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A common method used by memory scholars to enhance retention is to make materials more challenging to learn—a benefit termed desirable difficulties. Recently, researchers have investigated the efficacy of Sans Forgetica, a perceptually disfluent/distinctive font which may increase processing effort required at study and enhance memory as a result. We examined the effects of Sans Forgetica relative to a standard control font (Arial) on both correct memory and associative memory errors using the Deese/Roediger–McDermott (DRM) false memory paradigm, to evaluate Sans Forgetica effects on overall memory accuracy. Across four experiments, which included nearly 300 participants, Sans Forgetica was found to have no impact on correct or false memory of DRM lists relative to a standard Arial control font, regardless of whether font type was manipulated within or between subjects or whether memory was assessed via free recall or recognition testing. Our results indicate that Sans Forgetica is ineffective for improving memory accuracy even when accounting for associative memory errors.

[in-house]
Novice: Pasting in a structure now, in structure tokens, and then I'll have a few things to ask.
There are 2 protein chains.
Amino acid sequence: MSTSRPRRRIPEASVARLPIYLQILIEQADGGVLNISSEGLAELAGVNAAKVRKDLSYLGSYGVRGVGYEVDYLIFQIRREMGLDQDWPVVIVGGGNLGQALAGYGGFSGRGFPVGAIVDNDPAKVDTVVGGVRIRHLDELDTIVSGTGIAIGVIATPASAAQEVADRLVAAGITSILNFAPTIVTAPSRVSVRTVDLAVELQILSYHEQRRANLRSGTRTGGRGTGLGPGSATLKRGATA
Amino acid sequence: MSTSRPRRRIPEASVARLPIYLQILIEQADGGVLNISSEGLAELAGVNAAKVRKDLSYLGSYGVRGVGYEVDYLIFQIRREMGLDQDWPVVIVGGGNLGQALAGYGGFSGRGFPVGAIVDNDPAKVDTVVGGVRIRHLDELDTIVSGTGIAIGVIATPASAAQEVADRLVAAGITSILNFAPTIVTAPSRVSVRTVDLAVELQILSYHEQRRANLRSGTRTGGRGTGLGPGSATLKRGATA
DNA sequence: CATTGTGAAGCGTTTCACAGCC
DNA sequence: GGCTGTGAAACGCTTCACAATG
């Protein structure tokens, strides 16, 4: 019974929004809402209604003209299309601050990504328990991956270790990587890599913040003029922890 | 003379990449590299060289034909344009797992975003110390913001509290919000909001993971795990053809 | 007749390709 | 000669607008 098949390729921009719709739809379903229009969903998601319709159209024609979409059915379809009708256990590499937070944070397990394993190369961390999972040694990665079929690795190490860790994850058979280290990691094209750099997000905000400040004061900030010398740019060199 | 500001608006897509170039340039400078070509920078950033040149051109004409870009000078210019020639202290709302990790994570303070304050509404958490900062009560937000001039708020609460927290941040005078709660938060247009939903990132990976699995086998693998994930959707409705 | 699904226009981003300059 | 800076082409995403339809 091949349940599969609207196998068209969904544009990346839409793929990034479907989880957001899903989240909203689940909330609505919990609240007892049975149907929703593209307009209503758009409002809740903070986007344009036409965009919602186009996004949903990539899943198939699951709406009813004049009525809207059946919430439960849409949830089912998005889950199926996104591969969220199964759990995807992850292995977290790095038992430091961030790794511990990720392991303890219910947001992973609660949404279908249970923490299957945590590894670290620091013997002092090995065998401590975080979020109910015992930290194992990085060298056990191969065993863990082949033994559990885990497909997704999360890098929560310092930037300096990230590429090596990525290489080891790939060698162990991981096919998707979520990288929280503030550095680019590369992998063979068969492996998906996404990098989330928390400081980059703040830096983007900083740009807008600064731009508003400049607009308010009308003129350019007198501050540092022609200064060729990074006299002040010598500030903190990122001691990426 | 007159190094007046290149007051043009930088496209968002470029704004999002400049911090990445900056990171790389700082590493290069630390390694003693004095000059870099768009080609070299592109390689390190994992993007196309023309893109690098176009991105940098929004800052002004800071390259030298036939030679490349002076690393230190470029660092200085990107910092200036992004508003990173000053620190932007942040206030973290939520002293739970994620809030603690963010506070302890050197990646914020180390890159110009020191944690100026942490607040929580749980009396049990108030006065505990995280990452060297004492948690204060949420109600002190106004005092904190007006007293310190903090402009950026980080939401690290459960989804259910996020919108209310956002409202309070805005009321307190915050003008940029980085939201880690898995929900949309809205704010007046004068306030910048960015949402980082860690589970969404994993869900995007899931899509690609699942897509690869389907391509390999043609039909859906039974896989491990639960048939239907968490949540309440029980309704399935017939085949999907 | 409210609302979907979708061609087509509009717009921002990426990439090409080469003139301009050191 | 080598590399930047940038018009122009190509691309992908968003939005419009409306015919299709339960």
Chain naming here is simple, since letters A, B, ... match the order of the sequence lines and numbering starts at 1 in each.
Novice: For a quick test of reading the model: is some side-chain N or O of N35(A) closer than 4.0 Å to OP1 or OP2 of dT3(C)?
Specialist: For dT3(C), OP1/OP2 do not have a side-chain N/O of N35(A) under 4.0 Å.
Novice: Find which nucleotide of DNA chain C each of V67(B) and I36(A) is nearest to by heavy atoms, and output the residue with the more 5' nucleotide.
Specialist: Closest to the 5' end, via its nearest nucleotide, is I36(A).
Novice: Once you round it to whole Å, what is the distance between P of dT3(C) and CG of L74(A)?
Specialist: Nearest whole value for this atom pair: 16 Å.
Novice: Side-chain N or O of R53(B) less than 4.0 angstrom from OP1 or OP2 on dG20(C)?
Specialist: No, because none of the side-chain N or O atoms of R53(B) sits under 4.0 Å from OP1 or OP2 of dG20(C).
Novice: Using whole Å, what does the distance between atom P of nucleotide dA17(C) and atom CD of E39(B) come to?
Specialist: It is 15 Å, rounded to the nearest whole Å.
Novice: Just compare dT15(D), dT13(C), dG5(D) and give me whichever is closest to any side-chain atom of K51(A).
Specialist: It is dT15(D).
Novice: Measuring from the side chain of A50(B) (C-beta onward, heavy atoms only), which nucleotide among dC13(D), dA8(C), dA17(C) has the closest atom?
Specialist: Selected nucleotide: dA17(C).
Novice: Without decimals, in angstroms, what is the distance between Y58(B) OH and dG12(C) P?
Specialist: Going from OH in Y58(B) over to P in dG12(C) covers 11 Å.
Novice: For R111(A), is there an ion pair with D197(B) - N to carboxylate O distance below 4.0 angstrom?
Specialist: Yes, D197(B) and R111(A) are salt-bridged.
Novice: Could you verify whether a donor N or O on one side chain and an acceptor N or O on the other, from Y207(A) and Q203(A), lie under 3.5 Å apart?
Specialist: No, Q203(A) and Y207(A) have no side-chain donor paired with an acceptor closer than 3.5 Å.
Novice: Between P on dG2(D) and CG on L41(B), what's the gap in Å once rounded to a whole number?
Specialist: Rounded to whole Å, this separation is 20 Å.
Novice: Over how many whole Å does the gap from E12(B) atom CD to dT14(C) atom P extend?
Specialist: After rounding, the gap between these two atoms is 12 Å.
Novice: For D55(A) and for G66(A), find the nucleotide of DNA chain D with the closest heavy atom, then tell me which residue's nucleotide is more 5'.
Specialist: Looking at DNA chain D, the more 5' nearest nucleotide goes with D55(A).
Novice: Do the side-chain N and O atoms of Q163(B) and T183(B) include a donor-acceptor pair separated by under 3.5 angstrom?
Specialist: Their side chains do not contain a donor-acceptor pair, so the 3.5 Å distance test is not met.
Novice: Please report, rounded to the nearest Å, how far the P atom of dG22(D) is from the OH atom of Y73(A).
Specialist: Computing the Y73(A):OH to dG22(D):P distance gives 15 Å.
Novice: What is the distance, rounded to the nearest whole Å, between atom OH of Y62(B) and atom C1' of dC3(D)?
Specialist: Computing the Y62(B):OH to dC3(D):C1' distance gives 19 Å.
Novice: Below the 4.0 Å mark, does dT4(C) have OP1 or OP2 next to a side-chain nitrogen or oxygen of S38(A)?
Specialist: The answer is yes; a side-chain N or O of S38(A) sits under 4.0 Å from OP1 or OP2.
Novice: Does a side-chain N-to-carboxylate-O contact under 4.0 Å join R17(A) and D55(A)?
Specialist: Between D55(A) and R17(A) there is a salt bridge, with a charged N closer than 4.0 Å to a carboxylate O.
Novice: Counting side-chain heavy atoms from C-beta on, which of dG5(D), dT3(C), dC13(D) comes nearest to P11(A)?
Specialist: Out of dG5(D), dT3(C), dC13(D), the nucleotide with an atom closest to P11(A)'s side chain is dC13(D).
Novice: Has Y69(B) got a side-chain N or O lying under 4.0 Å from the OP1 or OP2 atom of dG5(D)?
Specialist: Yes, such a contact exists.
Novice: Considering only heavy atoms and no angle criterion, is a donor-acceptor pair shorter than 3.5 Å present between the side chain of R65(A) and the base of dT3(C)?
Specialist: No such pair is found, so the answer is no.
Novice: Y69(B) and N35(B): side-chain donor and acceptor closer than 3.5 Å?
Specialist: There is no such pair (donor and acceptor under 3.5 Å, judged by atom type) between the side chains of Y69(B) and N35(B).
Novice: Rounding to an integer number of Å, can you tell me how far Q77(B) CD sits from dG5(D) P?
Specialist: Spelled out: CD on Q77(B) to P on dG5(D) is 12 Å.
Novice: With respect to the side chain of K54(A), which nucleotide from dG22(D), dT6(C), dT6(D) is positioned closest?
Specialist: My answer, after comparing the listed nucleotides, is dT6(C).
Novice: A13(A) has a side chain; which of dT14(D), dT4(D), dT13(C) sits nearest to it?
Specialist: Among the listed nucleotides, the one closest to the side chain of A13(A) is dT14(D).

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Cognitive Research: Principles and Implications



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